U.N. report: Detainees 'systematically' tortured by Afghan authorities

Detainees at Afghan police and intelligence detention facilities have been subjected to torture including hanging by their wrists, electric shock, and twisted genitals, among other interrogation techniques, according to a United Nations report released on Monday.

The report, which was researched by the U.N. Assistance Mission in Afghanistan, is the result of nearly a year of interviews with more than 300 randomly selected, pretrial and convicted detainees at Afghan National Police detention centers, National Directorate of Security facilities, and Ministry of Justice prisons and juvenile rehabilitation centers.

"Nearly all detainees tortured by NDS officials reported the abuse took place during interrogations and was aimed at obtaining a confession or information," said the report, which found that 46 percent of NDS detainees interviewed had experienced interrogation techniques that consisted of torture. The report found that torture is practiced "systematically" at NDS detention facilities throughout Afghanistan.

While the report does not apportion any complicity to U.S. or Western officials, it does note that Afghan security forces are trained and funded by the international community.

The ANP's budget is mainly funded by a multilateral trust set up by the United Nations Development Programme in 2002. The trust receives contributions from the United States as well as a number of other Western nations.

The report points out that despite the systematic nature of the torture, is it not based on institutional or Afghan government policy, but is rather the result of the actions of individual security officials. Reform is, therefore, "both possible and desired," the report said, noting that government officials had already cooperated with the report's investigation and begun to take actions to address these problems.

NATO's International Security Assistance Force responded to the formal release of the report, noting that it has already taken action in suspending detainee transfers to certain facilities based on the findings.

Still, the report may put a wrench in American efforts to hand over security responsibilities to Afghan officials as U.S. troops begin a gradual drawdown from Afghanistan. The Obama administration is set to withdraw 10,000 American troops from Afghanistan by the end of the year.

ISAF, with which UNAMA shared its findings over the course of the last month, said in a statement that it is working closely with the Afghan government and the U.N. panel on efforts to "improve detention operations and establish safeguards to prevent future mistreatment."

Stay up-to-date with federal news alerts and analysis — Sign up for GovExec's email newsletters.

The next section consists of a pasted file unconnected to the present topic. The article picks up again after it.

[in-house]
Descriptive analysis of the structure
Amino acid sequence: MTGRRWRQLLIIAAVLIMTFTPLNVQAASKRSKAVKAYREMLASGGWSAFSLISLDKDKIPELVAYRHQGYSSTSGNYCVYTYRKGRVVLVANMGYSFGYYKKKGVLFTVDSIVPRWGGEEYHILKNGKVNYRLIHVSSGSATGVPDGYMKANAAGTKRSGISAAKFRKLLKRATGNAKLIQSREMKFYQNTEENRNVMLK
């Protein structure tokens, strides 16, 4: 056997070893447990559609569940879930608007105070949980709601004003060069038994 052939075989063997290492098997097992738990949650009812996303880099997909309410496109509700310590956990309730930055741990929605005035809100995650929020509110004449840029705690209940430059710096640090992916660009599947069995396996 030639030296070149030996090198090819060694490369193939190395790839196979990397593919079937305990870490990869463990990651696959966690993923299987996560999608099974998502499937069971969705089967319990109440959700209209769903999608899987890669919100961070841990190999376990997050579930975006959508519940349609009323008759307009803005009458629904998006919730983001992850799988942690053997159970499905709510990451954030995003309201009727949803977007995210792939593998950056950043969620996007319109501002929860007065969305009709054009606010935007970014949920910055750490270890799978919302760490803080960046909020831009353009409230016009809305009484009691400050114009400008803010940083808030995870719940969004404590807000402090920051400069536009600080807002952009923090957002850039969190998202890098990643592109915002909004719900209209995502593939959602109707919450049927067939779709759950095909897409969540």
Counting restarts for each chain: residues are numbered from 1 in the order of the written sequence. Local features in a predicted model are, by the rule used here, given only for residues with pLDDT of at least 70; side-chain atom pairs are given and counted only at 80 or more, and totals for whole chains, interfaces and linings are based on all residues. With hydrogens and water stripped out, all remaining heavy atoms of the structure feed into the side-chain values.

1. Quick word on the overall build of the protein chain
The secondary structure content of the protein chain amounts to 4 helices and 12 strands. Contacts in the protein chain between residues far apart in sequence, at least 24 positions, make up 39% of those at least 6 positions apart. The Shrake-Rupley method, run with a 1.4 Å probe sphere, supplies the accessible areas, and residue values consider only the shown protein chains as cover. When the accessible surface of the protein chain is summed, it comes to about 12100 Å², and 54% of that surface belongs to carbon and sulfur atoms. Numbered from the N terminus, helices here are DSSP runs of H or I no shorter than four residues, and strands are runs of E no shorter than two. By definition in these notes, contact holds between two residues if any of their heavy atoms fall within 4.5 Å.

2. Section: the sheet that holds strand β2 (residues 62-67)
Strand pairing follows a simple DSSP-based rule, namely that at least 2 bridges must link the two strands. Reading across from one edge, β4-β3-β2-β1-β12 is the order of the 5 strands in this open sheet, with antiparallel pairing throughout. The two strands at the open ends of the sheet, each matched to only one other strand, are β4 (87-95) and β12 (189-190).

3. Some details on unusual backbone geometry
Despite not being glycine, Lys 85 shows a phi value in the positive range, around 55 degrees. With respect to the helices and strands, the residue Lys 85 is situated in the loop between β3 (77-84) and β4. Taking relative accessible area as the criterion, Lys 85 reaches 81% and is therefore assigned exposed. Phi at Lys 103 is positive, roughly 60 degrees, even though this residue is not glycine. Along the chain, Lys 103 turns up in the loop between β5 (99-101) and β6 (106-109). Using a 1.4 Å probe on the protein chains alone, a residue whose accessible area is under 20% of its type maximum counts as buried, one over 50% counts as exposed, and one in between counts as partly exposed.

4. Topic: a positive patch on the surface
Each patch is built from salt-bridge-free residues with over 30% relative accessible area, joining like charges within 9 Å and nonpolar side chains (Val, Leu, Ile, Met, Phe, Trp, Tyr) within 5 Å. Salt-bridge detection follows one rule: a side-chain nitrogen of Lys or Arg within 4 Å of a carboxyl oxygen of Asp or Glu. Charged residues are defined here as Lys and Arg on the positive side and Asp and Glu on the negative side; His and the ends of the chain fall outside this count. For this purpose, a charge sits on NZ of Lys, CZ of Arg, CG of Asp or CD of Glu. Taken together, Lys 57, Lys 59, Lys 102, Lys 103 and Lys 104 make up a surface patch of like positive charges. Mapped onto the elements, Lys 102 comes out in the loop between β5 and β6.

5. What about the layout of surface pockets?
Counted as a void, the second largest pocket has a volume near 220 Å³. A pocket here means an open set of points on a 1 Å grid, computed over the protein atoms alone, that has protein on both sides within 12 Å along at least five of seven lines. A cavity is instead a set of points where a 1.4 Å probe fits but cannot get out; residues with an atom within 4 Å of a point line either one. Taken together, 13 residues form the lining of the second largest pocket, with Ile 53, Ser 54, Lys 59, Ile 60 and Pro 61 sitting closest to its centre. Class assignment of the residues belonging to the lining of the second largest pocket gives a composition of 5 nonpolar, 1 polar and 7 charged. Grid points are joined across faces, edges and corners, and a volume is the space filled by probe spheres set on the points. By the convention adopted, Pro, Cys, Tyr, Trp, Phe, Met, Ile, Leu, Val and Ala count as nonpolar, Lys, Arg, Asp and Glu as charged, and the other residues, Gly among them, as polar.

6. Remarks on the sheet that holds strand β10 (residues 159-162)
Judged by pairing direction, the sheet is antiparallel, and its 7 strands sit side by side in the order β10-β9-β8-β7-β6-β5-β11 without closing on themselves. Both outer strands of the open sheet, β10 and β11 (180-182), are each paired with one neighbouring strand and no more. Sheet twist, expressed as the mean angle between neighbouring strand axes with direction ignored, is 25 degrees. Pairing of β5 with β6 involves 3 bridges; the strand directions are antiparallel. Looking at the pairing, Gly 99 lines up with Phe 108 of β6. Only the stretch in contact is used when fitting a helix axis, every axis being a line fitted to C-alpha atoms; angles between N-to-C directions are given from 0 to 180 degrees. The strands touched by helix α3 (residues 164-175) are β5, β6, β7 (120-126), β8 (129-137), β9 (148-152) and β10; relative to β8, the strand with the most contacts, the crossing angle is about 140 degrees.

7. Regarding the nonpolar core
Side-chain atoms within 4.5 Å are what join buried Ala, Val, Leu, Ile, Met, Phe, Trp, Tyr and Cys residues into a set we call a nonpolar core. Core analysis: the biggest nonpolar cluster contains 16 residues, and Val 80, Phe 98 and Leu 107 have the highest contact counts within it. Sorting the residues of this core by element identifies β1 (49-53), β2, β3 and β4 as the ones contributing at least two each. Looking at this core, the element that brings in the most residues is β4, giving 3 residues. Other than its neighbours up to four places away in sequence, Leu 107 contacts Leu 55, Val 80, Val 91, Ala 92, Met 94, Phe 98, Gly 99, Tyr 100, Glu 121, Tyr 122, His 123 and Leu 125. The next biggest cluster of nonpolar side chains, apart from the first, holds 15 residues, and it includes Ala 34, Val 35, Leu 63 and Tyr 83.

Close [ x ] More from GovExec

Thank you for subscribing to newsletters from GovExec.com.
We think these reports might interest you:

  • Forecasting Cloud's Future

    Conversations with Federal, State, and Local Technology Leaders on Cloud-Driven Digital Transformation

  • The Big Data Campaign Trail

    With everyone so focused on security following recent breaches at federal, state and local government and education institutions, there has been little emphasis on the need for better operations. This report breaks down some of the biggest operational challenges in IT management and provides insight into how agencies and leaders can successfully solve some of the biggest lingering government IT issues.

  • Communicating Innovation in Federal Government

    Federal Government spending on ‘obsolete technology’ continues to increase. Supporting the twin pillars of improved digital service delivery for citizens on the one hand, and the increasingly optimized and flexible working practices for federal employees on the other, are neither easy nor inexpensive tasks. This whitepaper explores how federal agencies can leverage the value of existing agency technology assets while offering IT leaders the ability to implement the kind of employee productivity, citizen service improvements and security demanded by federal oversight.

  • IT Transformation Trends: Flash Storage as a Strategic IT Asset

    MIT Technology Review: Flash Storage As a Strategic IT Asset For the first time in decades, IT leaders now consider all-flash storage as a strategic IT asset. IT has become a new operating model that enables self-service with high performance, density and resiliency. It also offers the self-service agility of the public cloud combined with the security, performance, and cost-effectiveness of a private cloud. Download this MIT Technology Review paper to learn more about how all-flash storage is transforming the data center.

  • Ongoing Efforts in Veterans Health Care Modernization

    This report discusses the current state of veterans health care


When you download a report, your information may be shared with the underwriters of that document.